Stuff in my guitar rig: Boss OC-2

For the first in a new series of Stuff In My Guitar Rig, I thought I’d blab a little about what I consider to be my secret weapon, the Boss OC-2 Octave. I’ve had this pedal for 13 years now and I love it to pieces. I use it in several key points during gigs by my band The Upperhand (scroll down to the bottom of the post to see it on my pedalboard), and it’s just fun to have around to add a bit of low-end girth to random moments. It’s also fantastic for adding a lower octave to guitar solos for something a little bit different.

The OC-2 is an old-school analog octave pedal which generates a tone one octave, two octaves or both simultaneously underneath whatever you play. The lower octave tones aren’t actually a pitch-shifted version of your real guitar note, but rather an electronic tone triggered by and following your guitar. As such it sounds very different to digital harmonizers and pitch shifters. If you turn down the original guitar note and just listen to the octave sounds, they’re kind of muffled and reedy, like a 20-tonne bassoon or something. And that’s a pretty cool sound by itself. But the real magic happens when you blend the octave note in with the straight guitar sound. I like to use about 60% of the 1-octave-down sound and about 10% of the 2-octave-down, along with a 100% setting for the original guitar. This gives you a nice fat low end but doesn’t overwhelm the original note. Then again, sometimes you want to overwhelm the original note, and you can do that too.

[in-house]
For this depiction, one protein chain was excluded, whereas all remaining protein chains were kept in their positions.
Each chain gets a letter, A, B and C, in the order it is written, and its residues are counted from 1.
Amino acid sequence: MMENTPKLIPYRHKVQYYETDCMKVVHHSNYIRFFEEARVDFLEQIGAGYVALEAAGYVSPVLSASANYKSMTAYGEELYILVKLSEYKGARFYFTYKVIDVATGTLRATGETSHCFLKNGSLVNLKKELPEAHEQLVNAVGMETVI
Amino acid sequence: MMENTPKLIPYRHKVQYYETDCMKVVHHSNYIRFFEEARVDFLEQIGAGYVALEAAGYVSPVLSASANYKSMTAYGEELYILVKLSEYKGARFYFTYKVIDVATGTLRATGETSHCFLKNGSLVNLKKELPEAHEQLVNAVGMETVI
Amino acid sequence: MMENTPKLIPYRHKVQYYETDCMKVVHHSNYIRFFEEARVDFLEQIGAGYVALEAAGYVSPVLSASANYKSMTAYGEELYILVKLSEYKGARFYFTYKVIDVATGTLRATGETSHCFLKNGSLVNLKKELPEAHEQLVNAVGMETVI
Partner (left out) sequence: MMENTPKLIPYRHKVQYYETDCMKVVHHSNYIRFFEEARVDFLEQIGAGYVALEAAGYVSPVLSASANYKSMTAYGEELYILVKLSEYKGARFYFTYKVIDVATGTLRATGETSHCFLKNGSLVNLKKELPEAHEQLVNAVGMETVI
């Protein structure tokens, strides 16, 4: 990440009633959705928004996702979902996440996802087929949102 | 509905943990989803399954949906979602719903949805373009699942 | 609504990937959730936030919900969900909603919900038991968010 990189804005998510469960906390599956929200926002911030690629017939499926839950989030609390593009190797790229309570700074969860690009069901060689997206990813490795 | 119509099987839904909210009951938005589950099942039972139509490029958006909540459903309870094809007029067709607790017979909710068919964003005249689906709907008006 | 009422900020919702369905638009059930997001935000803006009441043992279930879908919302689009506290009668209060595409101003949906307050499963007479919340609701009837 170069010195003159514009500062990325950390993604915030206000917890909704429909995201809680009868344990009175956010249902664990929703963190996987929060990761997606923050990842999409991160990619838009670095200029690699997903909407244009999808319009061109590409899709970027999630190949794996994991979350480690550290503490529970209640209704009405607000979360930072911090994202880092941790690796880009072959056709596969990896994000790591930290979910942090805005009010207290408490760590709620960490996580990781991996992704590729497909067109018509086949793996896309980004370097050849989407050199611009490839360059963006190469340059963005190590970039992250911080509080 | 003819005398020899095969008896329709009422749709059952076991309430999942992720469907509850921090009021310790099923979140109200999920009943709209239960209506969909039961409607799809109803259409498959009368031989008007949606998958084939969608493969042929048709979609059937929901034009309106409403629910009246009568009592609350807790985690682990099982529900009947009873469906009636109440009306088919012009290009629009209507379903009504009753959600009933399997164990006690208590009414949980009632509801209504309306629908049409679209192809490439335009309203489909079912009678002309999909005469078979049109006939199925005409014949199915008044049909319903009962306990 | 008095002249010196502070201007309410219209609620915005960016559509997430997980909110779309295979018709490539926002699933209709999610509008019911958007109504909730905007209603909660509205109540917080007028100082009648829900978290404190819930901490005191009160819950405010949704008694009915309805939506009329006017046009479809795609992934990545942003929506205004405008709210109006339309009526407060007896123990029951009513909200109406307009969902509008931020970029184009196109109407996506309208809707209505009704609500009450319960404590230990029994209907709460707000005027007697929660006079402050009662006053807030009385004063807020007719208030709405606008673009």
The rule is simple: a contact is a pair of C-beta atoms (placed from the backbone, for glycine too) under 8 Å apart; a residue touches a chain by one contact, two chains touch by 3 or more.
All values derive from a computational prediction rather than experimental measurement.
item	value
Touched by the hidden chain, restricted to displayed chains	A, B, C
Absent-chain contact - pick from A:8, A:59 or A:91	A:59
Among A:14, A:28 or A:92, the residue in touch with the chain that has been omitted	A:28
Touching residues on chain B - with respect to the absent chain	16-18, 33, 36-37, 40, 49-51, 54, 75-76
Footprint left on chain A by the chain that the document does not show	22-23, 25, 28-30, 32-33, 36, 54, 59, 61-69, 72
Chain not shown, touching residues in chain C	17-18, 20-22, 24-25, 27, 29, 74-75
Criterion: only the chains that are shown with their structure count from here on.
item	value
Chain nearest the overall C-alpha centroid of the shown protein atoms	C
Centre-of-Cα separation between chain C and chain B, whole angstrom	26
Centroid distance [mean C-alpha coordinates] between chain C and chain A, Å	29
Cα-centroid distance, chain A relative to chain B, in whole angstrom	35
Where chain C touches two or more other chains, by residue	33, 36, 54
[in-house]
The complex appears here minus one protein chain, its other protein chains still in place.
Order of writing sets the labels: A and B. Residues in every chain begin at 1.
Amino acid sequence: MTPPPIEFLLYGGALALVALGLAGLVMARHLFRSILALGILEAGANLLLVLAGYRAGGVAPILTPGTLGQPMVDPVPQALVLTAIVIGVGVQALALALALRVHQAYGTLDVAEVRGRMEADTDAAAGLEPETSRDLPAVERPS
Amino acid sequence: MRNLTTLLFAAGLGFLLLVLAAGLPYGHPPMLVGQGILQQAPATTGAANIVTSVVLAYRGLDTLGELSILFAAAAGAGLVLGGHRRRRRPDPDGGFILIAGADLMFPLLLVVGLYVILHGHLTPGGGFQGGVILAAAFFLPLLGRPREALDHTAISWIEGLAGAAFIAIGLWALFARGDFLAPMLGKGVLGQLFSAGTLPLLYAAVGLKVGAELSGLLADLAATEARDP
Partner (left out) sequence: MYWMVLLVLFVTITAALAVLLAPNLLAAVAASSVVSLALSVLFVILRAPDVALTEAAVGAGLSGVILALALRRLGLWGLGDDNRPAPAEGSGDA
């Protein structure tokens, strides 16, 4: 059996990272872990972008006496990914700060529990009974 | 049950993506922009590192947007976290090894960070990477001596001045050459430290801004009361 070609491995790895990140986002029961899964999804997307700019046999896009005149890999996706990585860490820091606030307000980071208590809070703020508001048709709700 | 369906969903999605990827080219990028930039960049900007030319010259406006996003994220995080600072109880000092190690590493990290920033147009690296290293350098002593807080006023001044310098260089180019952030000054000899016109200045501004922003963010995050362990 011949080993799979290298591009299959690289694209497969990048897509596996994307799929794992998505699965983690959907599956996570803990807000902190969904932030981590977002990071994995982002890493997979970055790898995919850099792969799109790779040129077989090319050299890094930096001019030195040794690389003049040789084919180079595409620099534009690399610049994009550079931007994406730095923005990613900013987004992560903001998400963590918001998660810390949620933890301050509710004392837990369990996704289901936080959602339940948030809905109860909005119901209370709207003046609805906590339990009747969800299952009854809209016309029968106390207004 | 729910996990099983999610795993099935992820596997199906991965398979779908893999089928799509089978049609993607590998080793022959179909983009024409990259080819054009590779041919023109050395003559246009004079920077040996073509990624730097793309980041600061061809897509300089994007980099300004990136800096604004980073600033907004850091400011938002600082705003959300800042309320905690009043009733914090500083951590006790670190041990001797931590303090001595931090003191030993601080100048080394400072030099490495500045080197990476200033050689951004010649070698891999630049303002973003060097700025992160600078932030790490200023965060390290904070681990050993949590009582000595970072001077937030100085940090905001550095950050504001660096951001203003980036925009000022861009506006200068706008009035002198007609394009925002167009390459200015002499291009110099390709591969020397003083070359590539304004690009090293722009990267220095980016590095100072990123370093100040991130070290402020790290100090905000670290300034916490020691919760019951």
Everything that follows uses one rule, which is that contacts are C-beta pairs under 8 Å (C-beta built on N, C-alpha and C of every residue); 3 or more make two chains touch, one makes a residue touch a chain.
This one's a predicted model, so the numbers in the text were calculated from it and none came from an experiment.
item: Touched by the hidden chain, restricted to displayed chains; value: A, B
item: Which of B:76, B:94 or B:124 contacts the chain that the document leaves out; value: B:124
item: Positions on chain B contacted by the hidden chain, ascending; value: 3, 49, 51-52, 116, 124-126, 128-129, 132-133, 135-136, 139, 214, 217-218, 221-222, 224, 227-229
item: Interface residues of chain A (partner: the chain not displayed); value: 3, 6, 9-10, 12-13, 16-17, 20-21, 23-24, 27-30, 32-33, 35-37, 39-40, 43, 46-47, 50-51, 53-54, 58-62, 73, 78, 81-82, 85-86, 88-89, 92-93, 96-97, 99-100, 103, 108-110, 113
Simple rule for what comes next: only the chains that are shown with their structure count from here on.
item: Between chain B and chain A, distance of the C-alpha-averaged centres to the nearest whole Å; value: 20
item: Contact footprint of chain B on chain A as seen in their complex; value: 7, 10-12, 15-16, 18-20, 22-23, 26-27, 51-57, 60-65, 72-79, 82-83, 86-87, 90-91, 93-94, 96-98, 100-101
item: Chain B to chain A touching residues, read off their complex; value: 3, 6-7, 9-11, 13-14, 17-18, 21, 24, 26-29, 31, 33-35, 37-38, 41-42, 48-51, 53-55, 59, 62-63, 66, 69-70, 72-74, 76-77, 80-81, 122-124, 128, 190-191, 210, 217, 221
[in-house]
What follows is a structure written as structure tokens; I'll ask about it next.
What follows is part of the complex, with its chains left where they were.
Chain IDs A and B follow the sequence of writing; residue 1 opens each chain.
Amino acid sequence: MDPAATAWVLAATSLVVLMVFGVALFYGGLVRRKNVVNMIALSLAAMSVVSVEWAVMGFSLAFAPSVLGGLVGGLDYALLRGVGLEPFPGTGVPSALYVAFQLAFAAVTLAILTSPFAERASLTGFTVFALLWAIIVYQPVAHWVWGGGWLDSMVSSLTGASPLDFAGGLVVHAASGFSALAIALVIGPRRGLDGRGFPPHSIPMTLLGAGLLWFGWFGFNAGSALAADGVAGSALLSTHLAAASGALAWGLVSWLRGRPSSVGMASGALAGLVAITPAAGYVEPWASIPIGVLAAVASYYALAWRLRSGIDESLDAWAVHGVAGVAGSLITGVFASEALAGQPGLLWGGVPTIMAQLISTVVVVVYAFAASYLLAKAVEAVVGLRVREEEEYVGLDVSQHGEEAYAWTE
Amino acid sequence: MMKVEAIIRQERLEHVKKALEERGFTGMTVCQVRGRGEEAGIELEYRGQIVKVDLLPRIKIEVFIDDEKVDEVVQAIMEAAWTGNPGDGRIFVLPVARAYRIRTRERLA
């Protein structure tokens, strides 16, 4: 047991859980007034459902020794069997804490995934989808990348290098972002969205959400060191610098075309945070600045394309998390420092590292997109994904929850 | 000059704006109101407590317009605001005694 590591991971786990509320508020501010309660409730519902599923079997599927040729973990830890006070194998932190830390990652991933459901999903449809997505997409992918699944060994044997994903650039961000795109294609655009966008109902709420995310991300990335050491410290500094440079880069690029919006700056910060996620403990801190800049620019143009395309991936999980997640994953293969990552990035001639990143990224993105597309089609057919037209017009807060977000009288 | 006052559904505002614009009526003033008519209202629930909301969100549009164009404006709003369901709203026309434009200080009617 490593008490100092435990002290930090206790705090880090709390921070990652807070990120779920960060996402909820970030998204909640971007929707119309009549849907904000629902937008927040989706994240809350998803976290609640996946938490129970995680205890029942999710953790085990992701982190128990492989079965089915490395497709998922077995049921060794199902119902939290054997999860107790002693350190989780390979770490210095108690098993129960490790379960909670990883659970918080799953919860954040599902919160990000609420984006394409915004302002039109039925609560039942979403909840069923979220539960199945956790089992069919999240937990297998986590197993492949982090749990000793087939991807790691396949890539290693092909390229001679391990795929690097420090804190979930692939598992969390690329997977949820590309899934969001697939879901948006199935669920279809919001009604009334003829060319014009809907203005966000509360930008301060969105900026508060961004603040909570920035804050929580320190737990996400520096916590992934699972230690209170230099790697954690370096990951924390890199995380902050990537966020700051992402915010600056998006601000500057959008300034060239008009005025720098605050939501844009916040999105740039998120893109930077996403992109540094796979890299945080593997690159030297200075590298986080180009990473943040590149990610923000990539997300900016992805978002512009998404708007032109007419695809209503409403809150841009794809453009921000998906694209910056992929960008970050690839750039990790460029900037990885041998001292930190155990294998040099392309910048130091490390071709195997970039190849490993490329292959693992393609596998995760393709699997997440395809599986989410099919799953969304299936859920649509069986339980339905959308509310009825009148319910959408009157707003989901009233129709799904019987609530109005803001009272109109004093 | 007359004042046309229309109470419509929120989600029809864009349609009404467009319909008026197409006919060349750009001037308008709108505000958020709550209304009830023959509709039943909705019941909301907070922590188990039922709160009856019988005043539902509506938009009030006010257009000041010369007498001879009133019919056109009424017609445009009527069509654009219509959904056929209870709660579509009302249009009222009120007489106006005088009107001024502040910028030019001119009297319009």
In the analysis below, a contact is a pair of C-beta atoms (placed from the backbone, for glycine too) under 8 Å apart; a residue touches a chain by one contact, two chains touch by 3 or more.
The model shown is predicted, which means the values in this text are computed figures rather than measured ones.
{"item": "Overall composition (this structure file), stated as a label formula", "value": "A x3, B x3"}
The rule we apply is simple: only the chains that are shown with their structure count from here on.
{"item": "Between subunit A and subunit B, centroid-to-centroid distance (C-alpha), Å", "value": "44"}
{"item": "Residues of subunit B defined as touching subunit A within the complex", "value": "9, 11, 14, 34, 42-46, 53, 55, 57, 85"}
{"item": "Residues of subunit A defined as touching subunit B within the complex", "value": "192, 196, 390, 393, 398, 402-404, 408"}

To get the most out of the OC-2 it really helps to use the middle or neck pickup (and it works even better if you roll down the tone control). It doesn’t track too well if you use a bridge pickup. You learn pretty quickly how to control the pedal, but I’d definitely mess around with it a little bit before taking it up on stage if you’re a first-timer. You really don’t want your crushing OC-2 riff to be castrated by dropped lower-octave notes.

The OC-2 is long discontinued, replaced by the very capable OC-3, which I will definitely upgrade to if my OC-2 ever craps out on me[geo-out country=”Australia” note=””] (You can buy the OC-3 from Musician’s Friend)[/geo-out]. But my OC-2 has always been incredibly reliable and I don’t except it to give up the ghost any time soon.

If you want to hear the OC-2 in action, check out the chorus and solo of the first song of this full Upperhand gig. The camera sound is a bit dodgy but if you squint your ears you’ll get the idea.